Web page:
Having spent this past weekend in Harrisonburg, it seems strange to return to Washington, D.C. At EMU I cannot go more than a few feet across campus before encountering someone I know. The weekend was whirl-wind of greetings, quick check-ins, (“Wait, you’re in DC this semester, right? Or have I just somehow not crossed paths with you for the past month and a half?”) and quality time with friends. I found myself thinking, “This is home. This is the place that I know and where I am known. This is a community.” When I walk the streets of DC, I do not run into familiar people. As I walk, endlessly varied faces stream by that belong to people I will never meet, never talk to, and perhaps never even see again. This nature of the city street is something that people cite when they label cities as “impersonal” and “alienating.” Yet as I become more familiar with DC, I am discovering that the city street does not tell the full story.
As I ride the bus in the morning most people sit quietly engrossed in their own worlds, alternately nodding off and staring out the window. Just as I am about to conclude that everyone lives a life of isolation, a middle-aged woman boards the bus who calls out cheerfully to a second woman sitting ahead of me. Magically, the second woman transforms from a reserved, semi-catatonic bus rider into a friend, a mother, and a church leader as the two women swap information about the various doings of their families and their neighborhoods. I experienced a similar moment last week when I sat down on my bus only to hear my name called from a few rows back. Kelsey Anderson, a fellow WCSC student, was traveling home from her internship as well. That afternoon was particularly pleasant because we had the opportunity to commute in the comfortable company of a friend.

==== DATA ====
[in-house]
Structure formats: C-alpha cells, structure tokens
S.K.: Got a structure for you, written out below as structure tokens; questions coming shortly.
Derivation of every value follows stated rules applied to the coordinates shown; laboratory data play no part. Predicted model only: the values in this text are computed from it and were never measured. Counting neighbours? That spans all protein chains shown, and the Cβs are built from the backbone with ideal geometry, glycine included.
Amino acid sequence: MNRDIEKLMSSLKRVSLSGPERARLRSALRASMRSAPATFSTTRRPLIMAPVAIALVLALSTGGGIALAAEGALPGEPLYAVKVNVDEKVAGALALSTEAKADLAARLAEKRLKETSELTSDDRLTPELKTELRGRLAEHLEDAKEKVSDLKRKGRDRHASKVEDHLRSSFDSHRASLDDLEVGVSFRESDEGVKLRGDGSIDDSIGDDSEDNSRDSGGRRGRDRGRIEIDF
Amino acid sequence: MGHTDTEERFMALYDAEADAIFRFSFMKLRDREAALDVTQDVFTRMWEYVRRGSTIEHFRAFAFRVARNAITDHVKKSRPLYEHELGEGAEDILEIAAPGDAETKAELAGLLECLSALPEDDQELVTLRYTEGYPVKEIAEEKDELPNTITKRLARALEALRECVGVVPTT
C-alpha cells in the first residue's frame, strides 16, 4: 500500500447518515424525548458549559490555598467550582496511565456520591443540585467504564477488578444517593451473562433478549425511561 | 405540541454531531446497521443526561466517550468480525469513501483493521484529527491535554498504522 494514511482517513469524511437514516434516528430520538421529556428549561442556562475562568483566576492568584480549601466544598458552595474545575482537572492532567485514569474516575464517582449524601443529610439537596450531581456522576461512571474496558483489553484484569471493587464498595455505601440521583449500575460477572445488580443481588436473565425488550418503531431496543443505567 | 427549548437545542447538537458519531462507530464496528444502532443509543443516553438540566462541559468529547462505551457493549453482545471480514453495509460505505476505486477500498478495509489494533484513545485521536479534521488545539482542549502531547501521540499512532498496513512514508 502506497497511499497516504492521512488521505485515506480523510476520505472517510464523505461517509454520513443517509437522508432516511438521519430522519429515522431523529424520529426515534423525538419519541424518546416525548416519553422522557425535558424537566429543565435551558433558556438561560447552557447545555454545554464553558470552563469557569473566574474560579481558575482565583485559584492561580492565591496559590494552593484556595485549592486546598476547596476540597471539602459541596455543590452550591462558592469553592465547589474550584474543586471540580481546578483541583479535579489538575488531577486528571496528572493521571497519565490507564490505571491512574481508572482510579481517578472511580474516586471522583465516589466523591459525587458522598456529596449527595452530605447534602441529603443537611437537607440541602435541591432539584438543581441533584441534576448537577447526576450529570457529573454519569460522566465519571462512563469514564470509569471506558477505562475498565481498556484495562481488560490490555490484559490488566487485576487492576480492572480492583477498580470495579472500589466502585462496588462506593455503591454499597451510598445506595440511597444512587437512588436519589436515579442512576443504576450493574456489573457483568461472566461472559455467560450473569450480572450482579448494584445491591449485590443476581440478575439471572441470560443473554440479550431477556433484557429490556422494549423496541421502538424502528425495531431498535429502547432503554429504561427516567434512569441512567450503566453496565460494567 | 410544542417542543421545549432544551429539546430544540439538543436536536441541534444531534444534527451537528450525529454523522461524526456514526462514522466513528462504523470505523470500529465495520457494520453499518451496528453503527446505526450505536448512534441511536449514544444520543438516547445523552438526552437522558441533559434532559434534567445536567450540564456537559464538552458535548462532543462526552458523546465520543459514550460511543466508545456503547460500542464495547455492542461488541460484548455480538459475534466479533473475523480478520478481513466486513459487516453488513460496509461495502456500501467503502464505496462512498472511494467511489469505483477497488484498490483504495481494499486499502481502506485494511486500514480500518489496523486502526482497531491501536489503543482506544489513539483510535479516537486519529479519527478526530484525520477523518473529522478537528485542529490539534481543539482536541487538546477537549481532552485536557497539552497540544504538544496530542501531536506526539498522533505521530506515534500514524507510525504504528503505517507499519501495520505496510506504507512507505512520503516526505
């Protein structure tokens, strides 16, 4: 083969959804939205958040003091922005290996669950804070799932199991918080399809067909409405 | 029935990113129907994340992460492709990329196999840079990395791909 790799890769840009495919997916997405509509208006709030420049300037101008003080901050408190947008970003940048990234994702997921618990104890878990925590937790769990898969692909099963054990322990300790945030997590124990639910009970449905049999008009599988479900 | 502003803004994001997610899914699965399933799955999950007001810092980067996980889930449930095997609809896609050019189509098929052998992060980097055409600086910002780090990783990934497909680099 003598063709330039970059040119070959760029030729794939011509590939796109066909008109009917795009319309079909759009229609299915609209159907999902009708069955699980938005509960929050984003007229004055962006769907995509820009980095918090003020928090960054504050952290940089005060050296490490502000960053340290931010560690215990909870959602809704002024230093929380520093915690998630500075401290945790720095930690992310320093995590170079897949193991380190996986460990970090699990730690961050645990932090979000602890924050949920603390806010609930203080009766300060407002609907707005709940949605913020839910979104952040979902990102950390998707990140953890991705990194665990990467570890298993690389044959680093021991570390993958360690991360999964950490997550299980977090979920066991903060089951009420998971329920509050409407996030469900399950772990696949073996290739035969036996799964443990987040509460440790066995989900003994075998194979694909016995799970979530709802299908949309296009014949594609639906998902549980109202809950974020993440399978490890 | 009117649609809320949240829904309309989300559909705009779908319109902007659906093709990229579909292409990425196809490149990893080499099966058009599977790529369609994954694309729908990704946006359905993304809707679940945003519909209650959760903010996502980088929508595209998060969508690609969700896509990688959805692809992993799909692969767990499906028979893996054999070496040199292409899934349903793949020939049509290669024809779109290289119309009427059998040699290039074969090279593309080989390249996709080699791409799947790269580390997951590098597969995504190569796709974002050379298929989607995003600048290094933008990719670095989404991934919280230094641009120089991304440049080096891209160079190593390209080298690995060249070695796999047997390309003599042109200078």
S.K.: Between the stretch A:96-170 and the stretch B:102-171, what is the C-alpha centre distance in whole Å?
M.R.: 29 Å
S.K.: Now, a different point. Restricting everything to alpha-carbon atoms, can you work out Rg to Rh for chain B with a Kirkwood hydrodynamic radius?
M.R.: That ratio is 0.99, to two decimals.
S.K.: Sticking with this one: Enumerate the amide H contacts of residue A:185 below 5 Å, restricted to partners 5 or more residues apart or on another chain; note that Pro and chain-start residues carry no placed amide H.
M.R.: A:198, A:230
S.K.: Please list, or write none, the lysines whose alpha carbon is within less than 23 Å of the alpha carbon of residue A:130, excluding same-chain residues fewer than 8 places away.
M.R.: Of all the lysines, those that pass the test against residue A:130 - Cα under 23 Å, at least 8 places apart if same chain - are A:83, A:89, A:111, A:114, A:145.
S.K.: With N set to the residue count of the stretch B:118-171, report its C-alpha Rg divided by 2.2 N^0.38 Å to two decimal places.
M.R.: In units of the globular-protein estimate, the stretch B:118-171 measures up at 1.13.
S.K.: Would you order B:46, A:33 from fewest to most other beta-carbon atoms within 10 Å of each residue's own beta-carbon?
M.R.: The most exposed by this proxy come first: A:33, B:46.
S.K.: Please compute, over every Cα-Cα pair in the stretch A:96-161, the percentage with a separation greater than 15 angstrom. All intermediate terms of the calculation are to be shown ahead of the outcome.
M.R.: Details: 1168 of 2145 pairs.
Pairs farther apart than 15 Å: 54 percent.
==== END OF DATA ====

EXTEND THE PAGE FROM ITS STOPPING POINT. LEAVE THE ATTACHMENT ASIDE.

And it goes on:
A community is composed of relationships, of the common spaces and meanings that individuals share with one another. I am learning that DC contains endlessly overlapping communities of neighborhoods, schools, workplaces, and churches. You glimpse these rings of connectedness in more unexpected places, too. At my internship, (an organization that serves persons with mental illness, some of whom are also homeless,) one man recently offered hand lotion to another client because he noticed that the second man’s hands were ashy. He explained that the two men live at the same shelter. Because the second man’s symptoms of schizophrenia often alienate other shelter residents, the first man says he looks out for the second as best he can. It is through stories like this that show me that the importance of human connections in building a meaningful life is as apparent in Washington, DC as it is on EMU campus